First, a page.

“I’m going back someday,
Come what may,
To Blue Bayou.
Where the folks are fun,
And the world is mine,
On Blue Bayou…”
“Blue Bayou” is just one of the many songs that propelled Mexican-American singer Linda Ronstadt to super stardom.
In 2014, she was recognized with the National Medal of Arts by then president Barack Obama for her many accomplishments including four consecutive platinum albums, and Grammys in different music styles, like country, Latin and Pop.
Ronstadt retired in 2009, after having issues with her voice beginning in 2000. She was later diagnosed with Parkinson’s Disease in 2013.
She grew up in Tucson, Arizona where being raised in a bilingual, bicultural household sparked her interest for the music style of that region. In an interview for Latina Style Magazine, the daughter of a Mexican national recalled life in a border community, “We went to Mexico all the time.” She continued, “We’d go across the border just for lunch or to shop. My father had a lot a lot of friends in Mexico, and we’d attend events like the Blanco y Negro ball, which was like a debutant’s party. My sister and I would both dance. We’d go to picnics and baptisms and weddings. The border was completely permeable then. You’d just stop and show an ID. That was it.”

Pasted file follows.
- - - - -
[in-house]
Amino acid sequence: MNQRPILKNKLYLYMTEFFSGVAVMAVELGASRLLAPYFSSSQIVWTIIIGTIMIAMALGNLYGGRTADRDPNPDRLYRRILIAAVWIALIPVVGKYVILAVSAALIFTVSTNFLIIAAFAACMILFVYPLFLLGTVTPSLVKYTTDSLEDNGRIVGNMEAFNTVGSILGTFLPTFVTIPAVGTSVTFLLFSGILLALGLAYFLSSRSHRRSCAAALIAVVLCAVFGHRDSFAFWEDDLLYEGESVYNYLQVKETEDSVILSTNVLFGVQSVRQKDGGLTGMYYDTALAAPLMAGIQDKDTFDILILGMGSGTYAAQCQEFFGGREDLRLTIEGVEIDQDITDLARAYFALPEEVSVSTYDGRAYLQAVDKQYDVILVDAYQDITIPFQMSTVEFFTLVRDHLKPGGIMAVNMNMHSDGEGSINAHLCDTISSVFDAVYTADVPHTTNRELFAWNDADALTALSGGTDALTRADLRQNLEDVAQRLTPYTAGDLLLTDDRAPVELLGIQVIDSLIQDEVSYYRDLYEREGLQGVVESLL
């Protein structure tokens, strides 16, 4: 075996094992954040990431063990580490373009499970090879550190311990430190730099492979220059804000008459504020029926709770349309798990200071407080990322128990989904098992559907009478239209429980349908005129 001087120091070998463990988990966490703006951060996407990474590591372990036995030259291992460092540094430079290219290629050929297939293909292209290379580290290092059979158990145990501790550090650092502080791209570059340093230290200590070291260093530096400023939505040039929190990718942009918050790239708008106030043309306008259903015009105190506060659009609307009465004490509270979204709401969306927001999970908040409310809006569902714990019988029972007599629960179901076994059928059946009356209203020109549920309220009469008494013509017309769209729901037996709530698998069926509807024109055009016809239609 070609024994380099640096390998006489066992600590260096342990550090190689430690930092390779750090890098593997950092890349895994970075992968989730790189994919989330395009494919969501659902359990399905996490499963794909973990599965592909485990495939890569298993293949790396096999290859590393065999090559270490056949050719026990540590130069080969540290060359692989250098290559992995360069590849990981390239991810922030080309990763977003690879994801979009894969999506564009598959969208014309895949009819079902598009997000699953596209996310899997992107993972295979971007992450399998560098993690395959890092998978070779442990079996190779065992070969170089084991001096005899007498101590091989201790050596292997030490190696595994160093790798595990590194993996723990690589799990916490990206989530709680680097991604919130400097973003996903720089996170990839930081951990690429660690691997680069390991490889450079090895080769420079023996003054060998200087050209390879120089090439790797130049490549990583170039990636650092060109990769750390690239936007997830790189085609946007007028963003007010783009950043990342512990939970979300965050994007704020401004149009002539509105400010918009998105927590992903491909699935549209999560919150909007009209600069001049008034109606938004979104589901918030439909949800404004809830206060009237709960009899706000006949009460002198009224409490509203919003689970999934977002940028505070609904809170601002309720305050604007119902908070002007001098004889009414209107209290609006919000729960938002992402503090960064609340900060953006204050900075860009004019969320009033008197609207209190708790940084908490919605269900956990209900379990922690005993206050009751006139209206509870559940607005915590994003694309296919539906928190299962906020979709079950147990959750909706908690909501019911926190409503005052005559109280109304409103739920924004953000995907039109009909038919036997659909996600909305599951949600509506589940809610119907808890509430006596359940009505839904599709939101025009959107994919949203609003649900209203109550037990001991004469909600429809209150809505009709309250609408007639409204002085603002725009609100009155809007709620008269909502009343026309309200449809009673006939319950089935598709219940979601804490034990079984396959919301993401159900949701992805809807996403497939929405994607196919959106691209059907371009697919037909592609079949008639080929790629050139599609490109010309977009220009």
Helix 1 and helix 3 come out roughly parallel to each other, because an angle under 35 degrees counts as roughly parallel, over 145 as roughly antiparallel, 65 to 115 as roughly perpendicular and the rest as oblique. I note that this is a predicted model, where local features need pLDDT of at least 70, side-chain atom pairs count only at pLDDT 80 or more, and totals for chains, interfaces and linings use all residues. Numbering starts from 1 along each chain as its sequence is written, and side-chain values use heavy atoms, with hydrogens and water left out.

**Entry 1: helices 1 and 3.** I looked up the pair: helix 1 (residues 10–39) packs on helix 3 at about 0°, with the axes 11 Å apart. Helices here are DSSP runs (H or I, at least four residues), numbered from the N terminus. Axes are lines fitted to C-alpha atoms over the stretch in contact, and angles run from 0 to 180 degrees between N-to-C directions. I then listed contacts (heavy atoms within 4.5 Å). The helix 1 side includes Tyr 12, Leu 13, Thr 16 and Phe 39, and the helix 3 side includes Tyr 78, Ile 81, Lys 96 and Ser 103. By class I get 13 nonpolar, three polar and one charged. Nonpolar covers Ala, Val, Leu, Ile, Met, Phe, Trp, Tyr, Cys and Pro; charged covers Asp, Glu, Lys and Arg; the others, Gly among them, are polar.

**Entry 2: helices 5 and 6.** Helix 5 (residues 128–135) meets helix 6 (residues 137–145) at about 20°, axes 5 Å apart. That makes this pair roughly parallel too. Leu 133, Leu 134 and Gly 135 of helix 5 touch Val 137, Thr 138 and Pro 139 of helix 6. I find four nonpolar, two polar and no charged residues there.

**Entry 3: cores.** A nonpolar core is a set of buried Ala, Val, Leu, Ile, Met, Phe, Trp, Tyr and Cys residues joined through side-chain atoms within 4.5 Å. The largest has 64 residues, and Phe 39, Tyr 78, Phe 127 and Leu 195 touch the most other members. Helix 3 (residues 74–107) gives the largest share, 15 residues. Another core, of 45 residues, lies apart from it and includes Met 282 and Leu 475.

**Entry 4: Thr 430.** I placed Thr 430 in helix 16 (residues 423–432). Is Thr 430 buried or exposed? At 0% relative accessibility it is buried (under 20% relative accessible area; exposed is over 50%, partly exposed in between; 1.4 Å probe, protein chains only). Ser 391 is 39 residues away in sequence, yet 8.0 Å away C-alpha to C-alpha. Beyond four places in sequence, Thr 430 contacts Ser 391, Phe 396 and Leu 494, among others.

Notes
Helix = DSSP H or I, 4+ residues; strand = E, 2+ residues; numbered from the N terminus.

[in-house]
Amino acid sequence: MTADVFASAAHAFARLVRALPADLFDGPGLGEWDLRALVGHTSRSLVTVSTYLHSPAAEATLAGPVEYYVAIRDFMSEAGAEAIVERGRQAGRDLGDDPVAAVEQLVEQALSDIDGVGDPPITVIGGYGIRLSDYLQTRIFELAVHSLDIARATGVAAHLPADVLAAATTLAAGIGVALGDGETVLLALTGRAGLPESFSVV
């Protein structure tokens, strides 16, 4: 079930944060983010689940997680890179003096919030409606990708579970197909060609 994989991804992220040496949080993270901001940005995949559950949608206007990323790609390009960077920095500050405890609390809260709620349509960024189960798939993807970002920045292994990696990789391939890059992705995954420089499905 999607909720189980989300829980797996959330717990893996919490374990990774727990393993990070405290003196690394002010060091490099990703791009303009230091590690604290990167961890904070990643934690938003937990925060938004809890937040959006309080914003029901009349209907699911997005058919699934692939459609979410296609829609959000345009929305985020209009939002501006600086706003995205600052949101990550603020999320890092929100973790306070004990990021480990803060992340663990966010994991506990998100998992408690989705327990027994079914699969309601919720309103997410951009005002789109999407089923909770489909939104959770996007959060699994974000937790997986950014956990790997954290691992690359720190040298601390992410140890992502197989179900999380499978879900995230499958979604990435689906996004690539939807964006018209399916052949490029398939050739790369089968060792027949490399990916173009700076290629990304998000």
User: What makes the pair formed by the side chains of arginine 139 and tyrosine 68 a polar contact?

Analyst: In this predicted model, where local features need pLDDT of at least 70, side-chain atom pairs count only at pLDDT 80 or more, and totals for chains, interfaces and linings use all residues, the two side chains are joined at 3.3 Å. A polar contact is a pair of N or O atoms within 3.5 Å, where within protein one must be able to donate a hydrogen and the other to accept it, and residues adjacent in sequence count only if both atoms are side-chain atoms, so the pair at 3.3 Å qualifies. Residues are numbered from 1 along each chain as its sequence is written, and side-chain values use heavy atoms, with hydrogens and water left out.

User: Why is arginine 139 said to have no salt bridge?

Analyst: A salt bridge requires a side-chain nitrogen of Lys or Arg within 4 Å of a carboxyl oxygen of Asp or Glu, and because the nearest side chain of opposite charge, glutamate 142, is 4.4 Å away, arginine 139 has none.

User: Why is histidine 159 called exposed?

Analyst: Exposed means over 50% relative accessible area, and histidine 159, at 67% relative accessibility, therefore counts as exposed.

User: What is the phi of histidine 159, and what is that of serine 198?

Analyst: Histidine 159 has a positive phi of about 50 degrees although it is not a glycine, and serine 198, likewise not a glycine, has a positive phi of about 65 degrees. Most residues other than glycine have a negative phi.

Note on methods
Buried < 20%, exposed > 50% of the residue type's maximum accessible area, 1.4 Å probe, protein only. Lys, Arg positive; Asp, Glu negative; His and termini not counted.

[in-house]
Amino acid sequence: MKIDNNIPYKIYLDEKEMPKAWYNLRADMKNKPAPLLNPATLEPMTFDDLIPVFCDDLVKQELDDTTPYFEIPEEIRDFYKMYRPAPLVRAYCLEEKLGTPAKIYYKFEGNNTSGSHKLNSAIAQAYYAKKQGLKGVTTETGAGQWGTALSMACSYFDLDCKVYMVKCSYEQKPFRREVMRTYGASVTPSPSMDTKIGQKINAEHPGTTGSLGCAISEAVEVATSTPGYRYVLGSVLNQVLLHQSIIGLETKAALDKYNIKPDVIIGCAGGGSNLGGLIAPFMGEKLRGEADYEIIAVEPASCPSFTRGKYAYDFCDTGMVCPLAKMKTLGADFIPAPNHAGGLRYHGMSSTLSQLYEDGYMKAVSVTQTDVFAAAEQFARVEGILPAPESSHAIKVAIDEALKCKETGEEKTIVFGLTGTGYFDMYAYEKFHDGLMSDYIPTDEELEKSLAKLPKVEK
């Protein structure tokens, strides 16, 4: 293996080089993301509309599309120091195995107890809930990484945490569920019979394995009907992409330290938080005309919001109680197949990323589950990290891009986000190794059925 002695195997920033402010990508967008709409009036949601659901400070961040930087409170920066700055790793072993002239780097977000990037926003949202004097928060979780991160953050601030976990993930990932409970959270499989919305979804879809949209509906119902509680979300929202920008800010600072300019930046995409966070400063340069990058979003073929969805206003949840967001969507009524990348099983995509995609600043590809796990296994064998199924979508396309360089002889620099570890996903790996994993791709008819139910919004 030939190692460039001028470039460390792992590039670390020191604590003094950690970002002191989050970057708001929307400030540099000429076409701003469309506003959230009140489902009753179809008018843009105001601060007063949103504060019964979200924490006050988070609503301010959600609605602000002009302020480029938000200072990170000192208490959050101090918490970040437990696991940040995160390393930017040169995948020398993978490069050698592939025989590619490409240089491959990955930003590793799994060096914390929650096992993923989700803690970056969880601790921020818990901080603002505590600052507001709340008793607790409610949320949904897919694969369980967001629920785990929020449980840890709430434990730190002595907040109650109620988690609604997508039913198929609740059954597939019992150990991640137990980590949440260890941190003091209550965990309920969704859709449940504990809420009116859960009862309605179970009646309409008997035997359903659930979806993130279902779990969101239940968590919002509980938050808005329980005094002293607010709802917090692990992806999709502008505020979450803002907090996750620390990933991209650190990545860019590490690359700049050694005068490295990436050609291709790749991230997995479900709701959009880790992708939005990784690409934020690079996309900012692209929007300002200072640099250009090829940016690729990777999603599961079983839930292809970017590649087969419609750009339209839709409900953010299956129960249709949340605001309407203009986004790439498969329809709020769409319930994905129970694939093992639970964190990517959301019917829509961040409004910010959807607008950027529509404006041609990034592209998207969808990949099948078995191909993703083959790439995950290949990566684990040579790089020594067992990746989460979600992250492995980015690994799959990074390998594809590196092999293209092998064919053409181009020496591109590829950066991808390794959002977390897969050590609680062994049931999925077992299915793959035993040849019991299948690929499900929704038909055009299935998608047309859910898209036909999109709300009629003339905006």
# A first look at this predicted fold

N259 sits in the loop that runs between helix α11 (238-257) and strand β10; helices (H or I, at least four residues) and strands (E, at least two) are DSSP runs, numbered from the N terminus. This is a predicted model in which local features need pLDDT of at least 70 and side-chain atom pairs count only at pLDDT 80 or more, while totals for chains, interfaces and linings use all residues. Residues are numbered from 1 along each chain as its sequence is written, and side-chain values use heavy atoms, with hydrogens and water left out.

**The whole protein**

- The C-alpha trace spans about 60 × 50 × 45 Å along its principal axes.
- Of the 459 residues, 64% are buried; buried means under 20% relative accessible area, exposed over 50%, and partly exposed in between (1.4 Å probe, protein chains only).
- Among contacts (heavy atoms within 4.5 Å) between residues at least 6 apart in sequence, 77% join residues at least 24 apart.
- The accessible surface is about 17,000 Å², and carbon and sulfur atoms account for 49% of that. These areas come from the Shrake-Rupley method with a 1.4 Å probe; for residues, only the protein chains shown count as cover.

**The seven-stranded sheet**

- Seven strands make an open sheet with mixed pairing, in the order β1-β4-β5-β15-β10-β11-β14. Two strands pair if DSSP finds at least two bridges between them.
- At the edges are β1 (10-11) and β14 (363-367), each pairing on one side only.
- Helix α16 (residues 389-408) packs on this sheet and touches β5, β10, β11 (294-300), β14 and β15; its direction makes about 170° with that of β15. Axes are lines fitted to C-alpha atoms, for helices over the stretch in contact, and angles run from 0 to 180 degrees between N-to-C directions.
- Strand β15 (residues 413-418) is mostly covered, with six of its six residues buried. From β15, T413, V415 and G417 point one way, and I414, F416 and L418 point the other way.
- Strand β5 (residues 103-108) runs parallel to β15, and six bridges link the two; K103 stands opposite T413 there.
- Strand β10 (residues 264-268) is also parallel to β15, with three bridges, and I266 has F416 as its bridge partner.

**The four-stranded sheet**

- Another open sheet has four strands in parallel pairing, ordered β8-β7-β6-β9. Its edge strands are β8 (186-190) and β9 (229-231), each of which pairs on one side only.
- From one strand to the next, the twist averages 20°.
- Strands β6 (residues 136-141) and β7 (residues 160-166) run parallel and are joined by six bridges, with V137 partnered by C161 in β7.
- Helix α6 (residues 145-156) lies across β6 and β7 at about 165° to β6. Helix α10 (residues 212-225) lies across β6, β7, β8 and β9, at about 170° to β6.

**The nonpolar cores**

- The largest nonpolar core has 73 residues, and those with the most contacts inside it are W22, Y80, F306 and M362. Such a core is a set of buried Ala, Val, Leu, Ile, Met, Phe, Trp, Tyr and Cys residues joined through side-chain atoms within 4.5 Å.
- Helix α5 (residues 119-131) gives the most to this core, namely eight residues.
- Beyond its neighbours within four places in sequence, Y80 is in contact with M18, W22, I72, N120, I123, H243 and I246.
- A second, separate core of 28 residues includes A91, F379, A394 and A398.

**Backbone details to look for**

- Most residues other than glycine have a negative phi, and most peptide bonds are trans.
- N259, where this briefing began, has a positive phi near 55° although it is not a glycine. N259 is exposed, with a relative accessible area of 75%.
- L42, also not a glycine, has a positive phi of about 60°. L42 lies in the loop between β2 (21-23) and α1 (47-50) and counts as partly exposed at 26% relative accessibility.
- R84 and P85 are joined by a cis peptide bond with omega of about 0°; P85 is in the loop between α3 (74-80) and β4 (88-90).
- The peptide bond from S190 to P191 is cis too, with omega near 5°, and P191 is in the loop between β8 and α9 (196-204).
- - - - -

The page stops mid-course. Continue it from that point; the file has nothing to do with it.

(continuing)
This month, Ronstadt came out with a new, first ever live album from tapes of a made-for-TV concert in 1980. Live In Hollywood, includes 12 of her favorite performances including “Blue Bayou”. In a revealing interview on CBS Sunday Morning, Ronstadt shared details about her music, life today, the extent that her health has deteriorated, and not fearing death.
Here’s the interview with CBS correspondent Tracy Smith: Linda Ronstadt: A voice from the past